Measuring the success and ROI (return on investment) of marketing in general has been notoriously difficult. The whole point of marketing is to evoke action in your target audience. The very reason influencer marketing is so successful, is that we’re all naturally accustomed to being a brand sceptic; word-of-mouth remains the most successful form of marketing. An example: someone seeing your marketing, whether it’s a blog post, a sponsored post or a page in a magazine, then they tell their peers about your brand and products. But how can you measure this? How can you measure what people are doing offline in person? In addition to this we have the newly coined concept of dark social – how can you measure something being shared in private chats on LinkedIn, Facebook, Twitter or email?
More specifically to influencer marketing – how can you measure the return on a relationship? Gary Vaynerchuk articulates this very succinctly in saying: “What is the ROI of your mother?”. While it may not be easy to quantify, you can highlight that the way you’ve been brought up, and the principles you’ve been taught have made you who you are today and guided your career; she may have taught you the basics in life to facilitate your independence at university, enabling you to graduate with a degree.
Measuring the success of an influencer program seems to vary in priority from brand to brand and from role to role. The individuals that are more involved in the program are better able to understand the qualitative successes. These would include an increase in positive brand awareness across the industry, or the vanity metrics of shares and impressions – AKA the outputs. However, because of this they may not be as good at measuring and presenting their quantitative successes. On the other hand senior management may not be as closely involved in the day-to-day running of an influencer program, but it is imperative to them that influencer marketing contributes to the wider business objectives, such as an increase in market share or sales – AKA the outcomes.
In order for you to effectively measure the success of your influencer program, it is important that you have done the ground work and established your objectives at the beginning. You need to outline at the beginning what success looks like for you, so that you can measure what matters.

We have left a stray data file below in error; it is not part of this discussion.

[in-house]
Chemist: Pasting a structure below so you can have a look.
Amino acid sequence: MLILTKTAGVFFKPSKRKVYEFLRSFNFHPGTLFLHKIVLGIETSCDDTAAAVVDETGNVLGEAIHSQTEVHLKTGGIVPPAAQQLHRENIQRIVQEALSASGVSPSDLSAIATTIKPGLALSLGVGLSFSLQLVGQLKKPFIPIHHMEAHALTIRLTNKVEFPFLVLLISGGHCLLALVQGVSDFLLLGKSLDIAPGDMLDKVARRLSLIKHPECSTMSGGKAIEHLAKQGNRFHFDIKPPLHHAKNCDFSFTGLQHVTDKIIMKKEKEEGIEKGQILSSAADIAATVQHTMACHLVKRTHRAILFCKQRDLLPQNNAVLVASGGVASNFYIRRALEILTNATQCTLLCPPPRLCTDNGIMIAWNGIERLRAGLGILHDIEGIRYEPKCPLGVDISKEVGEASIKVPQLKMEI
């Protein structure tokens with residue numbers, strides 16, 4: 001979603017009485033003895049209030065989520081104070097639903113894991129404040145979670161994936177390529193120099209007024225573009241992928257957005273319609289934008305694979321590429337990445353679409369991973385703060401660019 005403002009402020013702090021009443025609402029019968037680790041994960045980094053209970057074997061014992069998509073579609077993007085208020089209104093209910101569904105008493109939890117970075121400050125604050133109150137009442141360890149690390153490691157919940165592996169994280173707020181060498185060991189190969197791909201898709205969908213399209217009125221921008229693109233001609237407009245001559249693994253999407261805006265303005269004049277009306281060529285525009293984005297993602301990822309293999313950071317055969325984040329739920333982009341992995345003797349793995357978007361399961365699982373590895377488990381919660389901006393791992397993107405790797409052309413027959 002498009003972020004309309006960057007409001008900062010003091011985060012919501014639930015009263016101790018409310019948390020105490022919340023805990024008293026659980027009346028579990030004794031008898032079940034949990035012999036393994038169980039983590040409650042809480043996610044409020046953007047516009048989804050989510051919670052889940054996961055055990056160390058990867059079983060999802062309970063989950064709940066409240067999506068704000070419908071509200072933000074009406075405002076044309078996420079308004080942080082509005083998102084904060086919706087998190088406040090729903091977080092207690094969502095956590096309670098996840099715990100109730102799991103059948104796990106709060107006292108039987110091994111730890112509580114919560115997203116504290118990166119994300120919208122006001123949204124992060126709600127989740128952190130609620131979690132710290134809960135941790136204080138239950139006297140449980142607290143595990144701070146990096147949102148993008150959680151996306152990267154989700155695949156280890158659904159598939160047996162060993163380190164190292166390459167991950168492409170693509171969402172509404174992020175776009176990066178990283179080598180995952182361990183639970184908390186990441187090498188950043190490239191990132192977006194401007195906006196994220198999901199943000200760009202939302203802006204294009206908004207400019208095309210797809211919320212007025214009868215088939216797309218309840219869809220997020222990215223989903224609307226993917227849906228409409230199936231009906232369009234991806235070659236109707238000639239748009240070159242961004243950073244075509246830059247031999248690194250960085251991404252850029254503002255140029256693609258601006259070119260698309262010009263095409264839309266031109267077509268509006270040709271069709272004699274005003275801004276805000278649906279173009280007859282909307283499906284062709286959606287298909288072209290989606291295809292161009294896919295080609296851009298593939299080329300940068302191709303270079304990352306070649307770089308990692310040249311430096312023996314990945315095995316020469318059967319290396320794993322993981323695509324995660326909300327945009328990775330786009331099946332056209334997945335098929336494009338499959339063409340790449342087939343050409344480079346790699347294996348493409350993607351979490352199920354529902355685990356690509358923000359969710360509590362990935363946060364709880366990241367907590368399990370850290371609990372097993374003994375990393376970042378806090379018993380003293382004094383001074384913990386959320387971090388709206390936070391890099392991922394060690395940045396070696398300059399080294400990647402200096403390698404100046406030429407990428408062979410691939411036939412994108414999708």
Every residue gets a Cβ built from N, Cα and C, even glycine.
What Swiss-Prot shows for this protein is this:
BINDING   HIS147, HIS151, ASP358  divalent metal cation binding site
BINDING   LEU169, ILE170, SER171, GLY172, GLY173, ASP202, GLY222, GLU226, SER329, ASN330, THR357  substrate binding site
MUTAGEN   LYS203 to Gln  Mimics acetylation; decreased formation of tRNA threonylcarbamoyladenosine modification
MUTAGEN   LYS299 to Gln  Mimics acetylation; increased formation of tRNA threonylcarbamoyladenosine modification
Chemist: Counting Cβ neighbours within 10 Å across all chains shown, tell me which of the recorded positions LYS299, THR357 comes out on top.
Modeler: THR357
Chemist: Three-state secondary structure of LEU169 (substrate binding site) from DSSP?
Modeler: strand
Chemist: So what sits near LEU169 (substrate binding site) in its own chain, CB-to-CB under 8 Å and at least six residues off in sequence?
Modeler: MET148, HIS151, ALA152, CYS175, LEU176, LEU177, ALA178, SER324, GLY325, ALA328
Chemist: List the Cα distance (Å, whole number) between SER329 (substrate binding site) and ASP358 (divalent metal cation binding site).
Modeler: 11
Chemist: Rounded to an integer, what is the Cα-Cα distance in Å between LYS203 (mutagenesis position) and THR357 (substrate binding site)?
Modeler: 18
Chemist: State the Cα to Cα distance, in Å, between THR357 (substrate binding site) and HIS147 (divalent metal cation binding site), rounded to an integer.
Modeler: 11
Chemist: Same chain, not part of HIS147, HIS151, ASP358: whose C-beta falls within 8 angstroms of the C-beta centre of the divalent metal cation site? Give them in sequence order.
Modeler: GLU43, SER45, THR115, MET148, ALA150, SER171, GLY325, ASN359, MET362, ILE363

“Success in influencer marketing will always be measured by those objectives you hopefully thought out when developing your influencer marketing strategy. Influencer marketing, while having additional intangible benefits above and beyond, must more-and-more be measured by the same metrics one would use to measure paid social media marketing activities. The challenge is in architecting influencer marketing campaigns that allow you to more easily do this.”
Neal Shaffer, Founder, Maximise Social Business
“Thomson Reuters’ focus on ‘influencer marketing’ as an integral part of our global social media strategy shines a spotlight on the movers, shakers and opinion leaders of our clients’ & partners’ industries/markets. Success for us is seeing success for them – the group of influencers we have officially recognized. We are working very hard for these individuals and businesses to understand the value that Thomson Reuters bring to the industry and community by partnering and collaborating with them via online, off-line and event activations. We use various metrics – all of which are automated through Onalytica’s IRM.”
Kelvin Lee, Director – Social Media Marketing, Thomson Reuters
Industry Measurement Framework
The below diagram provides structure and clarity to better enable you to measure your success at each stage of your program. We have differentiated between inputs (activity) , outputs (activated) and outcomes (advocacy and action) , and how these correlate with each stage of the influencer pipeline: 1) identified, 2) engaged and 3) advocate.
Qualitative VS Quantitative results
To deliver results to your managers, it’s important to understand where quantitative or qualitative results are important, depending on your end goal.
When measuring brand affinity and brand perception, qualitative metrics are extremely important. Here we’re talking about opinions and people, which is very difficult to quantify. Qualitative metrics are also important when engaging with influential detractors – measuring the reducing level of negativity towards the brand from these influencers (e.g. how has your perception changed? What kind of comments were out there on social media before compared to now?)
On the flip side, if the aim of your influencer program is to amplify your content or increase your share of voice, qualitative metrics aren’t as important, as results are easier to quantify.
“Make sure to develop a program that measures quantitative and qualitative indicators in order to develop a complete influencer marketing strategy with multiple touch points.”
Philip Brown, Head of Influencer Marketing and Brand Advocacy, Come Round
The importance of setting internal milestones
Often, brands get too caught up in measuring just their end goals, and get disheartened when these results seem to be lacking. Your end goals and business objectives will always be the most important, but it is also important to measure and recognise when you hit your milestones along the way. Laying out and measuring these milestones helps you achieve your end goals and keeps motivation and impetus high.